Low-potency topical steroids (groups 6 and 7) may be effective in dermatitis of the diaper area, eyelids, or face; intertrigo; and perianal inflammation. Examples of low-potency topical steroids include fluocinolone 0.01%; hydrocortisone butyrate 0.1%; and hydrocortisone 1%, 2.5%. These agents are the safest for long-term use, for application over large surface areas, for use on the face or areas of the body with thinner skin, and for use in children.

Most preparations should be applied once or twice daily, with the optimal dosing schedule determined by trial and error. Chronic application of topical corticosteroids may result in tolerance and tachyphylaxis. Ultrahigh-potency steroids should not be used for more than 3 weeks continuously, but if a longer duration is required, the steroid should be gradually tapered to avoid rebound symptoms, and treatment should be resumed after a steroid-free period of at least 1 week.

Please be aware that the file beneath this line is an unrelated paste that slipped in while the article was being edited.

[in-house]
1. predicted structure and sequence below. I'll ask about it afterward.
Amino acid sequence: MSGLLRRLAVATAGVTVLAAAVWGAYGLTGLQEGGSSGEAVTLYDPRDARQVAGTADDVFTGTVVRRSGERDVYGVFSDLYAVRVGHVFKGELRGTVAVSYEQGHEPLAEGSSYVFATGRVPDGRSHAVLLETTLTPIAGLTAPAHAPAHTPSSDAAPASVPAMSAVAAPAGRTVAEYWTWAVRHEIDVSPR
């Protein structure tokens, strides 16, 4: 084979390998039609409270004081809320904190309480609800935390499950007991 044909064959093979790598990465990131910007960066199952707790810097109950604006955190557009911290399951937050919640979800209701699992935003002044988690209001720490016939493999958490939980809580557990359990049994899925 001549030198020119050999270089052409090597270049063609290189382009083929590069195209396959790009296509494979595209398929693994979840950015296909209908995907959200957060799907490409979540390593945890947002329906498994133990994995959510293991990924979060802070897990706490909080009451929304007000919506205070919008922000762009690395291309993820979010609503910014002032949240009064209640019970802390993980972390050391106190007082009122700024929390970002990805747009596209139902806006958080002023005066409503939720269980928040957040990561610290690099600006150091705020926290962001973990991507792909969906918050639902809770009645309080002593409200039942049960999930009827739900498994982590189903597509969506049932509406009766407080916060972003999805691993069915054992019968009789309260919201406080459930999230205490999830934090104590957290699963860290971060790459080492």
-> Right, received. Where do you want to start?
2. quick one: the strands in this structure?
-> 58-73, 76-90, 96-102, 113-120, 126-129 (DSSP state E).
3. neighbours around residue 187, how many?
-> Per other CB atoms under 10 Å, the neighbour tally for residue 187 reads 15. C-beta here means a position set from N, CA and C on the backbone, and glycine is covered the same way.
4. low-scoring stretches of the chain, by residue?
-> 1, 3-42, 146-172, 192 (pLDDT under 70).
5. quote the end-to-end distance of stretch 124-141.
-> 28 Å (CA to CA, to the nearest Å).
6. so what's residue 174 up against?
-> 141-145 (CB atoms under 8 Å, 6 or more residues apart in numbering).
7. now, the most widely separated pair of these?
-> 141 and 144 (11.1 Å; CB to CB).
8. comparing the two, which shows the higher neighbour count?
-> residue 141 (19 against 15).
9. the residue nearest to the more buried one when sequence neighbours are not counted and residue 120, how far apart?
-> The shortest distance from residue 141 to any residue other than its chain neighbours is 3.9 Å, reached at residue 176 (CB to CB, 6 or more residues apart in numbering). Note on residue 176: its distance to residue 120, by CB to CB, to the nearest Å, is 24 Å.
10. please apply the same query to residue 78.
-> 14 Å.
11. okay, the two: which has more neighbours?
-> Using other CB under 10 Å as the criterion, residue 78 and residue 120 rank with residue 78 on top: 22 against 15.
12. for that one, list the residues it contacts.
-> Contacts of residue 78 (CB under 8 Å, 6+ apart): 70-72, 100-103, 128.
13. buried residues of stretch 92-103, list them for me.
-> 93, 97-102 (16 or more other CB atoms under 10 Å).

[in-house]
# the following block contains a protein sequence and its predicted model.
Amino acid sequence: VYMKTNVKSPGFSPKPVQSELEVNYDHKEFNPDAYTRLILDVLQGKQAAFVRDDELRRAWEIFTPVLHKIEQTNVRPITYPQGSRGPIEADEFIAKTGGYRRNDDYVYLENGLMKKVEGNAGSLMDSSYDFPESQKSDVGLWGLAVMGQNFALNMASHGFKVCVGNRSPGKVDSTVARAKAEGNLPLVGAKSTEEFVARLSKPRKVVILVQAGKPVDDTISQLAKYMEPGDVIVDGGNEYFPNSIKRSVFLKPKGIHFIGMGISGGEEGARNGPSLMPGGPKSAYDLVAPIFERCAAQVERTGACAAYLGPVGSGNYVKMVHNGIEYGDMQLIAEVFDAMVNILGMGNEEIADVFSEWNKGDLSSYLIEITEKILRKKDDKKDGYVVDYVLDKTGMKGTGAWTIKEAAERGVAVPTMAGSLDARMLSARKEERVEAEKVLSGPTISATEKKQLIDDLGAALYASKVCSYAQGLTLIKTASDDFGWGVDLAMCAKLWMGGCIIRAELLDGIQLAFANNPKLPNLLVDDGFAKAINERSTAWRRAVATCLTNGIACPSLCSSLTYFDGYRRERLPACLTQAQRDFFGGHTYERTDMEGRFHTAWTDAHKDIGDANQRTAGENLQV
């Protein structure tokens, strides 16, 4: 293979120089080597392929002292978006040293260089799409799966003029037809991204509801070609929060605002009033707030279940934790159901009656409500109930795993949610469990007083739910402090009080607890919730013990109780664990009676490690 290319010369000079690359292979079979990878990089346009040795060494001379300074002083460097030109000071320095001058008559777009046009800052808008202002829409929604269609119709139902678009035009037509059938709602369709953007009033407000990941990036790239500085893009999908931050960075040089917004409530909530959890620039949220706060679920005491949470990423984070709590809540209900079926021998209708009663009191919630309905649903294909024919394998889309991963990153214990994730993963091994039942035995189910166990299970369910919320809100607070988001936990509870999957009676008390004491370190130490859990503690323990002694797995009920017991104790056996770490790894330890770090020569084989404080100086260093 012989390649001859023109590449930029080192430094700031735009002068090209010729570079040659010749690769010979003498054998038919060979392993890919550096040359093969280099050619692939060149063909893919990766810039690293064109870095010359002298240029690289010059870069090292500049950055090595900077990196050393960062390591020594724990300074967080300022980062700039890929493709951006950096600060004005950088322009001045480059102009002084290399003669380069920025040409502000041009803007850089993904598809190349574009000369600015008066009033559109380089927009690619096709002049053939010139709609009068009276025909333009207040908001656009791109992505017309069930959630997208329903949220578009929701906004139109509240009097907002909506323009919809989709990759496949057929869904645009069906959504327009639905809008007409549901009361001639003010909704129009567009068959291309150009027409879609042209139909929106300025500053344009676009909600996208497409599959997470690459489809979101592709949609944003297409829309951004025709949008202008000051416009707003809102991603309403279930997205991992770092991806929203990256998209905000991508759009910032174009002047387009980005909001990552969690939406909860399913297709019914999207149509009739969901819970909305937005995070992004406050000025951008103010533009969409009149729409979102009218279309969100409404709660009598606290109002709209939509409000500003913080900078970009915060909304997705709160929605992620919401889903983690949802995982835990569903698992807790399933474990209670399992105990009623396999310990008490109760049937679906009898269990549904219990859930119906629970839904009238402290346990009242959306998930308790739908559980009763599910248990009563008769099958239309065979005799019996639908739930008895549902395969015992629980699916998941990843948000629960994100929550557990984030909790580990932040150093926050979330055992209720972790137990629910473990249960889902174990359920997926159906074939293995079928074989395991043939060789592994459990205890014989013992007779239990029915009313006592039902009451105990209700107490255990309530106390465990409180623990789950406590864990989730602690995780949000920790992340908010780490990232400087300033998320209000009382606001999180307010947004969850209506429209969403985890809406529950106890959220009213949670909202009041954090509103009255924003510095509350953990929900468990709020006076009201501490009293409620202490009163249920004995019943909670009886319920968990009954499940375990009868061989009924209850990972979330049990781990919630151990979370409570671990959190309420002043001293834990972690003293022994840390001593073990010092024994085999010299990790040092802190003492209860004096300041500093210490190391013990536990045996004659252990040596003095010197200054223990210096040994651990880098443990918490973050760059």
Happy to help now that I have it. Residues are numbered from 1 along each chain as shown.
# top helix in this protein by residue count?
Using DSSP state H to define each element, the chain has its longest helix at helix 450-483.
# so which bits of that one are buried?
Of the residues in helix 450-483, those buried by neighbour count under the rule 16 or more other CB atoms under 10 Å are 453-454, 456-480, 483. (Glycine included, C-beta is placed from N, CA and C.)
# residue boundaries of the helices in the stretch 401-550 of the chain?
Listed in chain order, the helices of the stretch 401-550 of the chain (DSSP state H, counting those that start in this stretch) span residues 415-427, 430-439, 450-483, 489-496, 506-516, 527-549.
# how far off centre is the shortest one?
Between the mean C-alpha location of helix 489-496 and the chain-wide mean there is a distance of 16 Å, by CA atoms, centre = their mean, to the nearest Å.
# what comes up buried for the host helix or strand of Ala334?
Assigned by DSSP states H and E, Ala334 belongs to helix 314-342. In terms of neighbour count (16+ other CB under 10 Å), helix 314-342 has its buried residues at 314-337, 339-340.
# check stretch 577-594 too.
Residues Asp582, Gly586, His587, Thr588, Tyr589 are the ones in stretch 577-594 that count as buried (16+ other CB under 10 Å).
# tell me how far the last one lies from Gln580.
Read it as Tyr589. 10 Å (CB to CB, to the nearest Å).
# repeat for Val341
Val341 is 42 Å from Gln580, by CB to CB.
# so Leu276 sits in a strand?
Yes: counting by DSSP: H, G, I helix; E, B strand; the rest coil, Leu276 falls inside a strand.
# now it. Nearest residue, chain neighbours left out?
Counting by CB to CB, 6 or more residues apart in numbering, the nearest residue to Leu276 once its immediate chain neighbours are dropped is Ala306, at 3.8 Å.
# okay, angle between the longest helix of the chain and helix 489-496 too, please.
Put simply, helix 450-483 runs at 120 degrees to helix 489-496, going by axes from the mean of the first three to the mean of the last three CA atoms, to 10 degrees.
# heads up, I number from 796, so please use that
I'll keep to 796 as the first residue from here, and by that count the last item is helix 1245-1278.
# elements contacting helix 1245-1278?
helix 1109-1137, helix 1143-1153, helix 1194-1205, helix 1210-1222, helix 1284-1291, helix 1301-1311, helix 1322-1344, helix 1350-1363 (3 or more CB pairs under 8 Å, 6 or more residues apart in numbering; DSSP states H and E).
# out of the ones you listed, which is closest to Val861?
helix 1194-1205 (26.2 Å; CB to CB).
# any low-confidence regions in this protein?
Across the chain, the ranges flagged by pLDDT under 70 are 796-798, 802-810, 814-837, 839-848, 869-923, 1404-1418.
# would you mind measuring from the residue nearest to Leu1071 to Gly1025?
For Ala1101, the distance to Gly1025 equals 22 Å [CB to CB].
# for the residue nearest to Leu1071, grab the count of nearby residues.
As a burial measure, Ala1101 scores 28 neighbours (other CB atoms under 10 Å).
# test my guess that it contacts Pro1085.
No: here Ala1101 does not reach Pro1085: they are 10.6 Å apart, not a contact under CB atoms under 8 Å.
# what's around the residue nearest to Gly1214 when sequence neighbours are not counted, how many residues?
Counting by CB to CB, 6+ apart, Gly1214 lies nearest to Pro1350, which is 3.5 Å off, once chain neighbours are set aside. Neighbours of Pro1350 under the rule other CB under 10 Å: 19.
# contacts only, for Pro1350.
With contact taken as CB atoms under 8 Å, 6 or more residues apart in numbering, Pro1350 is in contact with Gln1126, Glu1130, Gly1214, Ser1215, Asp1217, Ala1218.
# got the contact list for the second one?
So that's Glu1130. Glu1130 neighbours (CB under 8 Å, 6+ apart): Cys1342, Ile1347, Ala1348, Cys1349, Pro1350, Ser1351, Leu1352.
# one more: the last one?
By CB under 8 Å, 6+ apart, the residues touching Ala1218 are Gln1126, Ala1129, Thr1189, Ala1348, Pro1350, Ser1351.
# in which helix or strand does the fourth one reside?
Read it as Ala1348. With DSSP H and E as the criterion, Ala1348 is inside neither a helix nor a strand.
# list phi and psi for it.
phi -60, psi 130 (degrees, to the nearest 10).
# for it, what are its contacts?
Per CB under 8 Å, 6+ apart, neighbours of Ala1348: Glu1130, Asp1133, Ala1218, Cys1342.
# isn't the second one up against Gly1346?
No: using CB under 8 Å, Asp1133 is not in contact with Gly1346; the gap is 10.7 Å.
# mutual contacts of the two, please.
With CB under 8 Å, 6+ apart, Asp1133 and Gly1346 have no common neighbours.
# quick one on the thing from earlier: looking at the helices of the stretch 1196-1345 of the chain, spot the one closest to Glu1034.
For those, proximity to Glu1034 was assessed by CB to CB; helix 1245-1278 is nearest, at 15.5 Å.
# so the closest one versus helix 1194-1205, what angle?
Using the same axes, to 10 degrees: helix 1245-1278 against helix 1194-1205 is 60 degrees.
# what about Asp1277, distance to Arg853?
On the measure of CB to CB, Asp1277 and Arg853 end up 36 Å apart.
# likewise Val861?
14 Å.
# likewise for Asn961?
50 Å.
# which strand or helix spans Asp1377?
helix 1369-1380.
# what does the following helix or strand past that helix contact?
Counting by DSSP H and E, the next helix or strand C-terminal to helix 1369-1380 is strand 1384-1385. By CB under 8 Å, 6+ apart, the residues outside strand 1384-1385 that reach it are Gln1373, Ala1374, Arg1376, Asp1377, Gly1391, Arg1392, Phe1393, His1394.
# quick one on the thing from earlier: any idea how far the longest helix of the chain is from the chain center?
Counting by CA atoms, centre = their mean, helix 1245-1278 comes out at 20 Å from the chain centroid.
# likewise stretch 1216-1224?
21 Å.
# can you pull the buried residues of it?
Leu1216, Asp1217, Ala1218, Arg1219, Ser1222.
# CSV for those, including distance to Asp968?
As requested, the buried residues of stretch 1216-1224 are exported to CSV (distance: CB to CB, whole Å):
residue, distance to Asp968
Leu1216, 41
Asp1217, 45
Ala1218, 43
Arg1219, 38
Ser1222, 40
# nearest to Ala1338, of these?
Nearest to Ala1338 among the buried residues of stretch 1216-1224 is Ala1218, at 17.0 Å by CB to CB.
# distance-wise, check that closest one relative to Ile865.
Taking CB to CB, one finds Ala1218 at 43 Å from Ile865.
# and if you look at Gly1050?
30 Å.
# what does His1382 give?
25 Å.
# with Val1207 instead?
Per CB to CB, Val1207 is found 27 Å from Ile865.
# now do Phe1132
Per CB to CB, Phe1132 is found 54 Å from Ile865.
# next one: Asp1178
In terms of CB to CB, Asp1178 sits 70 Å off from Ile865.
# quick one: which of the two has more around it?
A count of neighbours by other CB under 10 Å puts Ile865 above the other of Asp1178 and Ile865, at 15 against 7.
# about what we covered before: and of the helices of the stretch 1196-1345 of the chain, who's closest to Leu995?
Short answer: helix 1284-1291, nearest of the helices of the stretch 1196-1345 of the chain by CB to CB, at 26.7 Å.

Like systemic corticosteroids, topical corticosteroids may have potential adverse effects. Cutaneous or local adverse effects may include atrophic changes, easy bruisability, increased fragility, purpura, stellate pseudoscars, steroid atrophy, striae, telangiectasis, and ulceration.

Topical corticosteroids may increase the risk for infections, including aggravation of cutaneous infection, granuloma gluteale infantum, masked infection (tinea incognito), and secondary infections.

Miscellaneous adverse effects of topical corticosteroids may include contact dermatitis, delayed wound healing, hyperpigmentation, hypertrichosis (hirsutism), hypopigmentation, perioral dermatitis, and photosensitization.